No matter what you throw at them, some people seem to have the super-human ability to get things done. Not only that, they get it done fast! How do they do that when you’re struggling to find your energy from day to day? The good news is – there is no super human powers involved. Instead, just some simple habits that you too can cultivate quickly.
1. Eat Well
You are already aware that getting things done requires energy. Thankfully, you can be in complete control of this. Cut out sugar laden food. Learn to choose and enjoy healthful, balanced meals. And get plenty of water. You’ll feel a big difference immediately, helps you be more alert, focused and able to get through your to-do list faster and precisely.
2. Shut The Door
If your home office is in a room, make liberal use of the door. Make it clear to your family, when the door is closed, you are not to be disturbed – at all. Unplug the phone, silence your cell phone. Consider a do-not-disturb sign. If you don’t have the luxury of a home office, consider a noise reduction earmuff and tell your family when these headphones are on, you are unavailable. The plus to this – you can get one that plays music to put you in the right mood for work.
3. Set A Timer
Work expands to fill the time allocated. So don’t let it fill up your entire day. Use a timer to work on a single task in 45–60 minute blocks. Take a short 5 minute break after each time block. After you’ve worked 2–3 blocks, take a longer, 15 – 30 minute break. Try not to fill break time with social media. It’s OK to set the timer for a 15 minute do-nothing break where you kick back, put on some good tunes, close your eyes and relax.
4. A Single Task At A Time
You’ve read it countless times now. Multi-tasking hurts more than it helps. Pick a task on your list, do that and only that. You’ll complete it much faster with a whole lot clarity too. Don’t get me wrong. There are things that can be multi-tasked such as listening to a book while you get your daily walk. That’s because walking doesn’t use a lot of mental energy and you can use that mental energy to focus on the book. However, doing two or more tasks that require a lot of attention at one time, leads to lower performance and sometimes, outright procrastination.
5. Clear Your Workspace
One of the things that Benjamin Franklin did in his daily routine is to “Put things in their places”. He did this at the end of the day. I can only speculate that putting this task at the end of the day is his way of winding down, as well as setting himself up for a fresh start the next day. After all, who is motivated to work when you enter a messy office?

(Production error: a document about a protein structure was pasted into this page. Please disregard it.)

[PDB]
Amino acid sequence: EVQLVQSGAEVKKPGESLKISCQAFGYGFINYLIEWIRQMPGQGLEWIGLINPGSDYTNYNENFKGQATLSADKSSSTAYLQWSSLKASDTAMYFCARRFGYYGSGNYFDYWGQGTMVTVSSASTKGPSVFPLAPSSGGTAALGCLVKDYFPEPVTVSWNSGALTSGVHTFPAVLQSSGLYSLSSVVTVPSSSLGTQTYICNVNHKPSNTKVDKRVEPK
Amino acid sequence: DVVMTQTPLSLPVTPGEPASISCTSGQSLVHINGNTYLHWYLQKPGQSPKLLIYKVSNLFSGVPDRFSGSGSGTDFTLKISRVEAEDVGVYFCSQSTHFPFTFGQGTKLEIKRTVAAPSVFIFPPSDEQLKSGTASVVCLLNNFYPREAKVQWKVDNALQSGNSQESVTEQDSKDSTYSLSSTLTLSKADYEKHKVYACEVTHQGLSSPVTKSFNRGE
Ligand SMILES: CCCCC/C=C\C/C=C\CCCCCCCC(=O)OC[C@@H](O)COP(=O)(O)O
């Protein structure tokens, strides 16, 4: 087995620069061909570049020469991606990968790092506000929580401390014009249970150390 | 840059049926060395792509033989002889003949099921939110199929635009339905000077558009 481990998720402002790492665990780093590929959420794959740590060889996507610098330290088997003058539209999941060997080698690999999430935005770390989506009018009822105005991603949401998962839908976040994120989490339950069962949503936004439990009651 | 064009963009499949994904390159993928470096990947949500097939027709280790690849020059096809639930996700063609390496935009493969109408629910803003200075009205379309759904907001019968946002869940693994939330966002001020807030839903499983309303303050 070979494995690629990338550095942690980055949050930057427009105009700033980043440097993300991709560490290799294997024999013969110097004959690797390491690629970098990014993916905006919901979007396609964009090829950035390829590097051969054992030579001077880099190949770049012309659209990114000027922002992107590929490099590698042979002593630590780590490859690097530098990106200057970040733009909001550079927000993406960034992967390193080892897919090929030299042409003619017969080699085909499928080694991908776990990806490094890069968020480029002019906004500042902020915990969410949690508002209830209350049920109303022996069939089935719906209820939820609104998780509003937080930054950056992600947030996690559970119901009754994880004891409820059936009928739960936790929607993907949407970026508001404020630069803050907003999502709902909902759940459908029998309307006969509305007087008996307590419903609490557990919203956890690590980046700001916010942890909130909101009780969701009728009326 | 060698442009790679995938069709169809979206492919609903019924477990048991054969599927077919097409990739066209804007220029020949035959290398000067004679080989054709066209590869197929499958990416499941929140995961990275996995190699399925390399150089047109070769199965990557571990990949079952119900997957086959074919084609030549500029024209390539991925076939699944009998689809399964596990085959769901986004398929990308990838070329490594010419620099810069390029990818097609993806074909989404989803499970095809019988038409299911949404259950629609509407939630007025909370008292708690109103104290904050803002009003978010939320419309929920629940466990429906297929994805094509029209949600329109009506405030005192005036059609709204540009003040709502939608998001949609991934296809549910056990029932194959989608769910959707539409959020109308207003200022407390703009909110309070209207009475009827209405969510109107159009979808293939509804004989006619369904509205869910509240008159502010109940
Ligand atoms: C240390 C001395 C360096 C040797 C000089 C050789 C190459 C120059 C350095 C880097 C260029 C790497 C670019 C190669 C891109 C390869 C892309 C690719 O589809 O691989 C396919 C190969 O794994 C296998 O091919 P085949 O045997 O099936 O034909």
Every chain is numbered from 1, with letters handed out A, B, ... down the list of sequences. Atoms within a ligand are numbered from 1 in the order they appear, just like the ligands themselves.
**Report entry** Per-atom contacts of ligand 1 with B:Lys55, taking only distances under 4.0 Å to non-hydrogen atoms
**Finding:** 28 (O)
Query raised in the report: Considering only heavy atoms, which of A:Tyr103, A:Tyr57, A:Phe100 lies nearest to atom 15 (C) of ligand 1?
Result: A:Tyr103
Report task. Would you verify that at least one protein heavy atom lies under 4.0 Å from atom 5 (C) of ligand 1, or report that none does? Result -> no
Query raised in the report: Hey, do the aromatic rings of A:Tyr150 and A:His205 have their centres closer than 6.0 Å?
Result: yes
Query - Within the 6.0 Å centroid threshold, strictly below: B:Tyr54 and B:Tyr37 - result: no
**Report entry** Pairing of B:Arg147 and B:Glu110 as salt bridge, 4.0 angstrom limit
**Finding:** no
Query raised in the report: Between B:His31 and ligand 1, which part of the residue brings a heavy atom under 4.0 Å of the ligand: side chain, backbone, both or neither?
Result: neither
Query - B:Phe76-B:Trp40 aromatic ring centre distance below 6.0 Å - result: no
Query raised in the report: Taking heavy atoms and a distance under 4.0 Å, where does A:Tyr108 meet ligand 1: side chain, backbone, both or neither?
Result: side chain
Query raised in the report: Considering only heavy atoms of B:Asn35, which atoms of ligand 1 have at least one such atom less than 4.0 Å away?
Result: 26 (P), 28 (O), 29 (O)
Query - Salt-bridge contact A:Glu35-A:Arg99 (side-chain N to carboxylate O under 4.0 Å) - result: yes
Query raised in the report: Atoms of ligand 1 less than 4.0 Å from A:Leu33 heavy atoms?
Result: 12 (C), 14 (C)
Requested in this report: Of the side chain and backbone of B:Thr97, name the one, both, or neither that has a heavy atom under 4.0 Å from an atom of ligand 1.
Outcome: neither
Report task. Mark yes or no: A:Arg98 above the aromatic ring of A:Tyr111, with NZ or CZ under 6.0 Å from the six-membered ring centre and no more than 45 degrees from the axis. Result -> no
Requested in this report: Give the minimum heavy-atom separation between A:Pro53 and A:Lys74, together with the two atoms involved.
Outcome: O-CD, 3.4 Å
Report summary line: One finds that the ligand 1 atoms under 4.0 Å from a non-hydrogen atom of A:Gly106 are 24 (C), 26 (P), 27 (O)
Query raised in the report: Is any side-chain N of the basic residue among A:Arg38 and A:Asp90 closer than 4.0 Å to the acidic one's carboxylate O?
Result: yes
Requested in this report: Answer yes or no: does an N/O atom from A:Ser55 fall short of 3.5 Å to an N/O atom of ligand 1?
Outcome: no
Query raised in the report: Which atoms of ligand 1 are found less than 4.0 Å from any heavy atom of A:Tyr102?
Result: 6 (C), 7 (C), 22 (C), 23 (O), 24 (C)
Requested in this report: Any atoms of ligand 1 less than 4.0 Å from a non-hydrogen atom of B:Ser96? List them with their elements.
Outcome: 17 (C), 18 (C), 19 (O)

Whether you do it at the beginning of the day or the end doesn’t matter. What matters is doing it.
6. Plan Your Day
This sounds like such a tedious affair but there’s no rule that it has to be. Perhaps that’s why many refrain from this is. Because of over-planning. You don’t need an hour-by-hour plan. That doesn’t work anyway since distractions will pop up over the course of the day. If you have appointments, go ahead and block that time out first. Then, all you need is a short list of the top 3 things you must accomplish for the day.
Some say to do it the night before, some say to do it at the beginning of the day. Don’t let that deter you. Do this when it suits you best (first thing of the day or last). Just don’t skip it.
7. Do It Now
In “Getting Things Done”, productivity guru David Allen recommends adopting a 2-minute rule. If it can be done in 2 minutes or less, do it now. This stops minor tasks from filling your to-do list, making you less motivated to begin when you see how long the list is.
8. Eliminate or Reduce Notifications
Stop those new email notifications. Most emails don’t require your immediate action anyway. Turn off social media notifications especially those that tell you who followed you or who pinned your Pinterest image. You won’t miss a thing because when you decide to log into your account, it’ll show up there anyway.
Do the same for those apps on your phone. Be very choosy which apps you allow to send you push notifications. In fact, you should probably do this first because we tend to want to check our mobile devices first before email.
No matter what line you are in, there are tasks that you perform repeatedly. This can happen in frequent, short cycles or longer cycles (e.g. Quarterly, Yearly). Create a template or system for these tasks. List out the steps and note the ‘gotchas’ that you have to check on. The less you have to think about how and what to do, the faster you will complete it.